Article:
Relapsed Acute Lymphoblastic Leukaemia with Hypersensitivity to E. coli l-asparaginase

This section focuses on data obtained from patients with relapsed ALL who were hypersensitive to E. colil-asparaginase, as evaluated in the key phase II ASP-304 trial [26]. ASP-304 included patients (aged < 21 years) with ALL who were in second bone marrow relapse (i.e. M3; > 25% marrow blasts) and those had been treated with E. colil-asparaginase. Patients with a life expectancy < 4 weeks, or those with inadequate hepatic or renal function were excluded [26].

Of 76 enrolled patients, 42 patients had a prior hypersensitivity to E. colil-asparaginase (11 patients also had hypersensitivity to Erwinia-derived asparaginase) and were directly assigned to the pegaspargase group; two patients without hypersensitivity to E. colil-asparaginase were assigned to the pegaspargase group as they were labeled incorrectly [26]. Assigned patients received IM pegaspargase 2500 IU/m2 on days 1 and 15 during the reinduction phase, based on the findings from phase I data in hypersensitive patients. Pegaspargase was administered in combination with a standard ALL reinduction regimen that consisted of vincristine and prednisone. After completion of the 36-day study period, responders could continue receiving IM pegaspargase 2500 IU/m2 biweekly as a monotherapy or as a combination therapy with other standard anti-leukaemic agents [26].

At entry, the mean age of hypersensitive patients was 8.55 years [26]. Clinical response to pegaspargase treatment was evaluated by bone marrow aspirate, peripheral blood, and CSF examinations on day 29. Response criteria for bone marrow remission included CR (M1; ≤ 5% marrow blasts), partial remission (PR; M2; > 5 to ≤ 25% marrow blasts), no response (M3; > 25% marrow blasts) and progressive disease (PD; > 25% increase in marrow or peripheral blood blasts, or rapidly progressive organomegaly). Of 42 hypersensitive patients, 38% achieved CR, 12% achieved PR and 48% of patients did not respond to the treatment or had PD; one patient was not evaluable [26].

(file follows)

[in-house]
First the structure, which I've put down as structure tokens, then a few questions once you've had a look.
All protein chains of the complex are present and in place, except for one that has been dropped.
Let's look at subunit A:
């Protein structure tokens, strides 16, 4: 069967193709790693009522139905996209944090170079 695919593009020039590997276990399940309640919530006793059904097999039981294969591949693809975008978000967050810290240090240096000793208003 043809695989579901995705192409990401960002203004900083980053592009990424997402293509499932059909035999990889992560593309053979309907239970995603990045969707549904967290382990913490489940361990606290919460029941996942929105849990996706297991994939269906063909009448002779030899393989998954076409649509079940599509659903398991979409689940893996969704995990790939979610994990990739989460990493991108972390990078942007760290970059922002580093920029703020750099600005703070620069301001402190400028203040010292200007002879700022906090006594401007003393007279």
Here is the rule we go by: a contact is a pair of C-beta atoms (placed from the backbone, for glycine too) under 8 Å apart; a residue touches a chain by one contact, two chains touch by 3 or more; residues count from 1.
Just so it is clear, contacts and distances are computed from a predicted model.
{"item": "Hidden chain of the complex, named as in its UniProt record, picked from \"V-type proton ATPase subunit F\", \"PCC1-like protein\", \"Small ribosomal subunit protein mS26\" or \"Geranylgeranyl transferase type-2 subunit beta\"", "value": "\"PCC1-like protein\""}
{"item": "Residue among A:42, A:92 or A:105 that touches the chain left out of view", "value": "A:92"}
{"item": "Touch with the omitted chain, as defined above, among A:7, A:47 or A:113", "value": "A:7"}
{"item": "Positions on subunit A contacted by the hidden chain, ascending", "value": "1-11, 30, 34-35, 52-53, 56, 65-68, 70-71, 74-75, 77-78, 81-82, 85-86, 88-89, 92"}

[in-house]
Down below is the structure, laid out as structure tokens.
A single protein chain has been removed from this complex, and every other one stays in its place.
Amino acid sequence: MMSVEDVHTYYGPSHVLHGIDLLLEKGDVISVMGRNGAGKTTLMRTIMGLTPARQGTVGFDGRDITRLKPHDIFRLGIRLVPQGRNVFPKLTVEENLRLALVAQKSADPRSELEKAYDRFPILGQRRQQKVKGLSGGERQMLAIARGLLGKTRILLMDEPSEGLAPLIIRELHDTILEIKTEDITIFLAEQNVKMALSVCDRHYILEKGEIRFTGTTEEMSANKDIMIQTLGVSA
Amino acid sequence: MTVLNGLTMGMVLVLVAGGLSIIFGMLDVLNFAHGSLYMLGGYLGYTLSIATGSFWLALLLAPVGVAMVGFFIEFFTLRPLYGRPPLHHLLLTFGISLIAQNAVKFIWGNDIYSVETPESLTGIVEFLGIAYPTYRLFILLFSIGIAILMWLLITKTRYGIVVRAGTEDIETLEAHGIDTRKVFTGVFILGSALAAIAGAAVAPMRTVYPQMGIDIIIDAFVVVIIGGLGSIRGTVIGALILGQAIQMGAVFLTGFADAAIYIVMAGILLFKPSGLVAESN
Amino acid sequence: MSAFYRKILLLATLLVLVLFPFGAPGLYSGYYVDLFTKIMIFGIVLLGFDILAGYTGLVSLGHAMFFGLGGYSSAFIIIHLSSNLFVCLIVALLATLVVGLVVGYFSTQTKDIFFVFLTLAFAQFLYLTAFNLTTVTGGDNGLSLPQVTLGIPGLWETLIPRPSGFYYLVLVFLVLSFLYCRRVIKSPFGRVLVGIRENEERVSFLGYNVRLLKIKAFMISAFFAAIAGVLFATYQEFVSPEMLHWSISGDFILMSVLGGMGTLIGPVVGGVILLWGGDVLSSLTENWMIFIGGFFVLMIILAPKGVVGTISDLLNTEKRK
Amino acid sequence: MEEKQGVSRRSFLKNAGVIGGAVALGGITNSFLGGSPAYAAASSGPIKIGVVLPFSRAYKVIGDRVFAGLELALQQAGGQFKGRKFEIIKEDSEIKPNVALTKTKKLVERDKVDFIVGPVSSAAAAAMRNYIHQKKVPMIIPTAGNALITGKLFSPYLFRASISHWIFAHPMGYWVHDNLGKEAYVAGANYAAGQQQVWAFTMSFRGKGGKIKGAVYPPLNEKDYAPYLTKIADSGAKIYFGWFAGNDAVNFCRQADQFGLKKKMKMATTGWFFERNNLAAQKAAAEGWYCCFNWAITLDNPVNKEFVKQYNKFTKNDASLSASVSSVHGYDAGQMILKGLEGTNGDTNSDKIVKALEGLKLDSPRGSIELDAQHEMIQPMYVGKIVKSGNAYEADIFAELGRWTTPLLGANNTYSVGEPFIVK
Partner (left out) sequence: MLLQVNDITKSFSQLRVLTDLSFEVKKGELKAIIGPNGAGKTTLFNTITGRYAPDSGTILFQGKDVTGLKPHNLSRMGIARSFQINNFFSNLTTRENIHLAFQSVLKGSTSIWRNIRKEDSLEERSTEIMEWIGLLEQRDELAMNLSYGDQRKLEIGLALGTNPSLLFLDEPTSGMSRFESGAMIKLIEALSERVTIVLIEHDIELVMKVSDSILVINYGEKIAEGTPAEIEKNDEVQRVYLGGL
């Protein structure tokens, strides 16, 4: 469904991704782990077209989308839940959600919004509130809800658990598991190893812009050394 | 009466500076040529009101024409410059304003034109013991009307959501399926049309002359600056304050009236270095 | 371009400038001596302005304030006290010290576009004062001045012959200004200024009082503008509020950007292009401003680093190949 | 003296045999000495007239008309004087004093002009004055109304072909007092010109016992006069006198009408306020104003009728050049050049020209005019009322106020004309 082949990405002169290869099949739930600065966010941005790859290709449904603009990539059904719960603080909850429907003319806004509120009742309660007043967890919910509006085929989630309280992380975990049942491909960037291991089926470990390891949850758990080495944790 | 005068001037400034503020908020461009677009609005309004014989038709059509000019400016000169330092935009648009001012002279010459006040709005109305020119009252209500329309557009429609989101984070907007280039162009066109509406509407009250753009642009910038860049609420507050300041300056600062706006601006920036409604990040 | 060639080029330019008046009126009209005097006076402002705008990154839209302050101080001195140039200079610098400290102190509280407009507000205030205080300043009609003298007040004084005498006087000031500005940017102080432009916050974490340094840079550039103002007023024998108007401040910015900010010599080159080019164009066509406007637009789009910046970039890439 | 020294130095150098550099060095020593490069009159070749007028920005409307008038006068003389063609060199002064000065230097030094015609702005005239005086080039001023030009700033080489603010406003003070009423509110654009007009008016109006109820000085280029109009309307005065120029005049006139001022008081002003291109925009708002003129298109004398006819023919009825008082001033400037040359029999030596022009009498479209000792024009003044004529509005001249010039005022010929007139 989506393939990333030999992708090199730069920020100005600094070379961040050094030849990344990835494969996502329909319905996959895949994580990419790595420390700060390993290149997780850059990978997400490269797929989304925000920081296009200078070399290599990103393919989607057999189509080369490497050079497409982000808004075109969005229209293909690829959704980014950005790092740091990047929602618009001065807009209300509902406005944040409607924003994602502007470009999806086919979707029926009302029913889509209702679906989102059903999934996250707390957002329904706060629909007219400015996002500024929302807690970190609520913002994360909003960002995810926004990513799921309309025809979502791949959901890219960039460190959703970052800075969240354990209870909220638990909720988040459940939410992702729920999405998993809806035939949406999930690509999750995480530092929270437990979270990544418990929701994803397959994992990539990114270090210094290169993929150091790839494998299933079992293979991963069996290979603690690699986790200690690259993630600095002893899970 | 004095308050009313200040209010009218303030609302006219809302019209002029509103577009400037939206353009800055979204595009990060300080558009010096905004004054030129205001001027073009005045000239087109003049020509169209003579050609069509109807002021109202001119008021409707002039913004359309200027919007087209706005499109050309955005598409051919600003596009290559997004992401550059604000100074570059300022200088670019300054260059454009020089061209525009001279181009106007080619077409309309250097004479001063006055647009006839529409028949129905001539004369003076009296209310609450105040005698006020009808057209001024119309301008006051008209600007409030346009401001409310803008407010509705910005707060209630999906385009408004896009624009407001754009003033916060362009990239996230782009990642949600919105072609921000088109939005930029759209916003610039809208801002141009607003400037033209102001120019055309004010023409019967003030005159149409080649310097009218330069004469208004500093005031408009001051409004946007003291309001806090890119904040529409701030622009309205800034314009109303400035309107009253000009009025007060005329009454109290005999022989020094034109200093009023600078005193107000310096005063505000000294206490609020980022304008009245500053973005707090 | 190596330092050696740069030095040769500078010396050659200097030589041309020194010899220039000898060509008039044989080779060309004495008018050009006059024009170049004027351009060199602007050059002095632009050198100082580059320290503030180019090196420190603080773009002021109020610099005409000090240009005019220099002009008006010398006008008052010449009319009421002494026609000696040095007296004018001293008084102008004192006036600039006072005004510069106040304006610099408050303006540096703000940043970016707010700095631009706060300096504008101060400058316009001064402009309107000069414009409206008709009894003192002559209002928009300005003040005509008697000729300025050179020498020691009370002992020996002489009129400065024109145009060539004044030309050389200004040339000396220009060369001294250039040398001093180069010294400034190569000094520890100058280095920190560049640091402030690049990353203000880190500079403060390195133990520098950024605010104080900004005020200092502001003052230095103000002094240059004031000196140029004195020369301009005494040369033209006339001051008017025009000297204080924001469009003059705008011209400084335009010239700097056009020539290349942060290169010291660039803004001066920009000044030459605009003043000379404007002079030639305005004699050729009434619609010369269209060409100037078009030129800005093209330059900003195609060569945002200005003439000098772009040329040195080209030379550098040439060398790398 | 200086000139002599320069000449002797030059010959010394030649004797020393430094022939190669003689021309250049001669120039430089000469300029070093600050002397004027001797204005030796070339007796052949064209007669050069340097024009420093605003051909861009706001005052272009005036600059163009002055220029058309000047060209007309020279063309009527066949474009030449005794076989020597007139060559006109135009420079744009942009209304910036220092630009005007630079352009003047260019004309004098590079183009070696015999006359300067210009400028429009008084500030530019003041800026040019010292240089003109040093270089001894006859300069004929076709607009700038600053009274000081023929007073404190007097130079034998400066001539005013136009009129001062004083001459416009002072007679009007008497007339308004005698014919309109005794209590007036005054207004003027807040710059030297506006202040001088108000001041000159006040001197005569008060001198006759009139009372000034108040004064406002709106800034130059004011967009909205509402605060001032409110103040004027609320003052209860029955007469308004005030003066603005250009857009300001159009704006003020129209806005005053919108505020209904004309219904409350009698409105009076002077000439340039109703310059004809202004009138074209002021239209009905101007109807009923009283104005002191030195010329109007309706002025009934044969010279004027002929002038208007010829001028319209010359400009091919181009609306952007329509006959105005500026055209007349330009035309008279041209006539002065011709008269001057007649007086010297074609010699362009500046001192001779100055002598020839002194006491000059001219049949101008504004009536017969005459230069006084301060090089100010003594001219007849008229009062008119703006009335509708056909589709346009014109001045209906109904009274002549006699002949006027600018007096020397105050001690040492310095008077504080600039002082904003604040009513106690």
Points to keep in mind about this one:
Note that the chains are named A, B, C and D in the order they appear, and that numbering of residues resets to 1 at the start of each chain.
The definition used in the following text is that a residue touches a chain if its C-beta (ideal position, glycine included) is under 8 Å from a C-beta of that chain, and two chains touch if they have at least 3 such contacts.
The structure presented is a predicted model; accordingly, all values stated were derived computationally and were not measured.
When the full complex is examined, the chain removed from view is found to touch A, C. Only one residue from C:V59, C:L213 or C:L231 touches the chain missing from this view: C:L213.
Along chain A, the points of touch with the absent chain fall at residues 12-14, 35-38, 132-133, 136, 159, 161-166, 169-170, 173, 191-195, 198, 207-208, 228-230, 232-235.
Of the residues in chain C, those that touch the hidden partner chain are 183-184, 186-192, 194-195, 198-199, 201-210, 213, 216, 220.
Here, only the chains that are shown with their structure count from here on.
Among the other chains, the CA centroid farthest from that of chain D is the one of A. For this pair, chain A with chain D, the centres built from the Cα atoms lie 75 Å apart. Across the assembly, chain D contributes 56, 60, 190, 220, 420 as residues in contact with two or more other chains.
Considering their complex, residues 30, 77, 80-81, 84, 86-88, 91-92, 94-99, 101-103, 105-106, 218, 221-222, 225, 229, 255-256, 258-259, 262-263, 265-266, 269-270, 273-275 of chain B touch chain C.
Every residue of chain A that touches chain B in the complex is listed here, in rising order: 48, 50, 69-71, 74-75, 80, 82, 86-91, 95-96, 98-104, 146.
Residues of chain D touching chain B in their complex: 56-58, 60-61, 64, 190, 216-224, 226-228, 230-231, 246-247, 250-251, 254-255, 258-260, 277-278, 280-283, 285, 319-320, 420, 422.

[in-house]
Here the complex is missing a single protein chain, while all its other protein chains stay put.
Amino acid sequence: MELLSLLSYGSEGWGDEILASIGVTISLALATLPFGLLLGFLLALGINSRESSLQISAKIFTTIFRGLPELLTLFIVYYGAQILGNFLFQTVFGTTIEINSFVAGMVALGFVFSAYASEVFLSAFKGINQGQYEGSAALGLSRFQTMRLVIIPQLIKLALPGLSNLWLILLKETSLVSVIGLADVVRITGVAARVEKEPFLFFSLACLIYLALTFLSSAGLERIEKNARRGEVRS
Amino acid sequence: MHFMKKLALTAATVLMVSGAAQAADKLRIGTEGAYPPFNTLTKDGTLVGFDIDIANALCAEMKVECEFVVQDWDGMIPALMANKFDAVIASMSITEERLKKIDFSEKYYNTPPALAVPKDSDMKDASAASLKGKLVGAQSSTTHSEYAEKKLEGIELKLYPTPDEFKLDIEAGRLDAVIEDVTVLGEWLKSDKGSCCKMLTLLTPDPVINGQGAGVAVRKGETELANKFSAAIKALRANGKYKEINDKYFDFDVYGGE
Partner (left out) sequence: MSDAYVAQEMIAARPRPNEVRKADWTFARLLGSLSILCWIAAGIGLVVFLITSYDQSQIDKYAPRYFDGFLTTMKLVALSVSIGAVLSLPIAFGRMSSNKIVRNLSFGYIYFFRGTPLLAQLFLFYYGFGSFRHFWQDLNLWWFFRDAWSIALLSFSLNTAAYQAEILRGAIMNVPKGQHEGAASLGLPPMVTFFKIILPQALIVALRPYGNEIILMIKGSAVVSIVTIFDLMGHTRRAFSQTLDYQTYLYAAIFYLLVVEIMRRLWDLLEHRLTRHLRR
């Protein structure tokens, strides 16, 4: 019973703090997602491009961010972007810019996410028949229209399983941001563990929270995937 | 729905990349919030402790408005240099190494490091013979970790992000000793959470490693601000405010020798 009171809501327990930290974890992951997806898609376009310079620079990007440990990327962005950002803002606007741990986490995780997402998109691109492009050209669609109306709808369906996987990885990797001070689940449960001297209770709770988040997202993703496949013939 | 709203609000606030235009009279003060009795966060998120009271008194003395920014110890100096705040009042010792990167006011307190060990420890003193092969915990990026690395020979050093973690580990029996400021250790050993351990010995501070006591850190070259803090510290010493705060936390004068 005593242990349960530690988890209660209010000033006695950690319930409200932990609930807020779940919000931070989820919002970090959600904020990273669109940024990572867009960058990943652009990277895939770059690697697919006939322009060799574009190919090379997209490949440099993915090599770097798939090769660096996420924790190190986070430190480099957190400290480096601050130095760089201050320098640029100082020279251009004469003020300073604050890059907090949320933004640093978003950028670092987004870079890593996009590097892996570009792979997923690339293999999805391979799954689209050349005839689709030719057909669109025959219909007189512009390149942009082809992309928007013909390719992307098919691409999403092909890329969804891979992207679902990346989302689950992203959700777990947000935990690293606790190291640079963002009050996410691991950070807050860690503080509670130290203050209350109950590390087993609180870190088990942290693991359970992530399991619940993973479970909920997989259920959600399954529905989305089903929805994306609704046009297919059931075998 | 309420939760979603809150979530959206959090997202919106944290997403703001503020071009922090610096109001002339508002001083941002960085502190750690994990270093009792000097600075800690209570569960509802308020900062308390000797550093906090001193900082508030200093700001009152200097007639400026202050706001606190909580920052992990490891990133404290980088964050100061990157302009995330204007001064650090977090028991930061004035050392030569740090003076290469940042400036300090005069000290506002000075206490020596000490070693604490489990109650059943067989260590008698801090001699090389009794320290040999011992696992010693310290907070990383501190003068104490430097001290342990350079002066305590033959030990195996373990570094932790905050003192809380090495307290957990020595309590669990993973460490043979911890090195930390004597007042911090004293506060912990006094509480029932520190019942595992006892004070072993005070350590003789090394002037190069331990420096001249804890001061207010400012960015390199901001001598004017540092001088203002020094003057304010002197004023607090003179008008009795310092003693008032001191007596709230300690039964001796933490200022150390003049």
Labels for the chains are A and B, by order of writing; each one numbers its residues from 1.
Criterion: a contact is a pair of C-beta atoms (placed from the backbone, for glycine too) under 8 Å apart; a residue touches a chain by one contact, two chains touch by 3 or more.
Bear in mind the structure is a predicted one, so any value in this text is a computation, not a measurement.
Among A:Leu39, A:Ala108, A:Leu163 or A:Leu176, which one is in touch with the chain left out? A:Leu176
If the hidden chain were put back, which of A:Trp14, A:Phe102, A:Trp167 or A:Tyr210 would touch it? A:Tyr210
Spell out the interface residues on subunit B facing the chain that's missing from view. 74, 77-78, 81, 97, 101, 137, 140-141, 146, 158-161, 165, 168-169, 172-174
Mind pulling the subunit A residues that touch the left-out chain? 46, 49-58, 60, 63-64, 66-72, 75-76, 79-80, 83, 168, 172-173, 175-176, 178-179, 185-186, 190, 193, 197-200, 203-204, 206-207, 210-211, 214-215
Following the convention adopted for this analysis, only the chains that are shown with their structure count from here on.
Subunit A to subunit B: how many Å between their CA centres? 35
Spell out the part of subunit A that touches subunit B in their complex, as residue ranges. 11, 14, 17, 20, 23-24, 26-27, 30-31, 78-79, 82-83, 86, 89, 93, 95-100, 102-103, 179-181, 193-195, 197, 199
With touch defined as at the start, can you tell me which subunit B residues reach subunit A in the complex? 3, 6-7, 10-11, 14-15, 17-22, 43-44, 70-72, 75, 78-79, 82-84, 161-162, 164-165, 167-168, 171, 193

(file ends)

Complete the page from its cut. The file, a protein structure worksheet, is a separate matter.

When data from ASP-304 were pooled with four other small (n < 20) open-label trials (ASP-001, ASP-201A, ASP-302 and ASP-400), the results were generally consistent with that observed in ASP-304 [9, 26]. These trials included patients aged 1–73 years with relapsed hematological malignancies [13]. In total, 65 patients with relapsed ALL and prior hypersensitivity to E. colil-asparaginase (most of whom were aged < 21 years) received IM or IV pegaspargase 2000 or 2500 IU/m2 biweekly as monotherapy or in combination with other anti-leukaemic agents; one patient received IV pegaspargase 250 and 500 IU/m2 biweekly. Of these 65 patients, 46% achieved CR, 11% achieved PR and 2% showed haematological improvement [9].

Tolerability of Pegaspargase

Extensive evidence from clinical trials and post-marketing use (n > 100,000) indicate that pegaspargase has a well established safety profile [13]. IV or IM pegaspargase had a manageable tolerability profile in children or adults with ALL, based on data from clinical trials, including DFCI 11-001, AALL07P04 and CCG-1962 (Sect. 3) [8, 9]. The most common (incidence ≥ 10%) adverse events (AEs) with pegaspargase treatment included hepatotoxicity (increased alanine aminotransferases, aspartate aminotransferases and/or bilirubin), increased activated partial thromboplastin time, hypertriglyceridaemia, hyperglycaemia and febrile neutropenia [9]. The most common (> 5%) grade ≥ 3 AEs included hepatotoxicity (elevated transaminases, increased bilirubin and hypoalbuminemia), febrile neutropenia, hypertriglyceridemia, hyperglycaemia, pancreatitis, abnormal coagulopathy, embolic and thrombotic events, and hypersensitivity [8].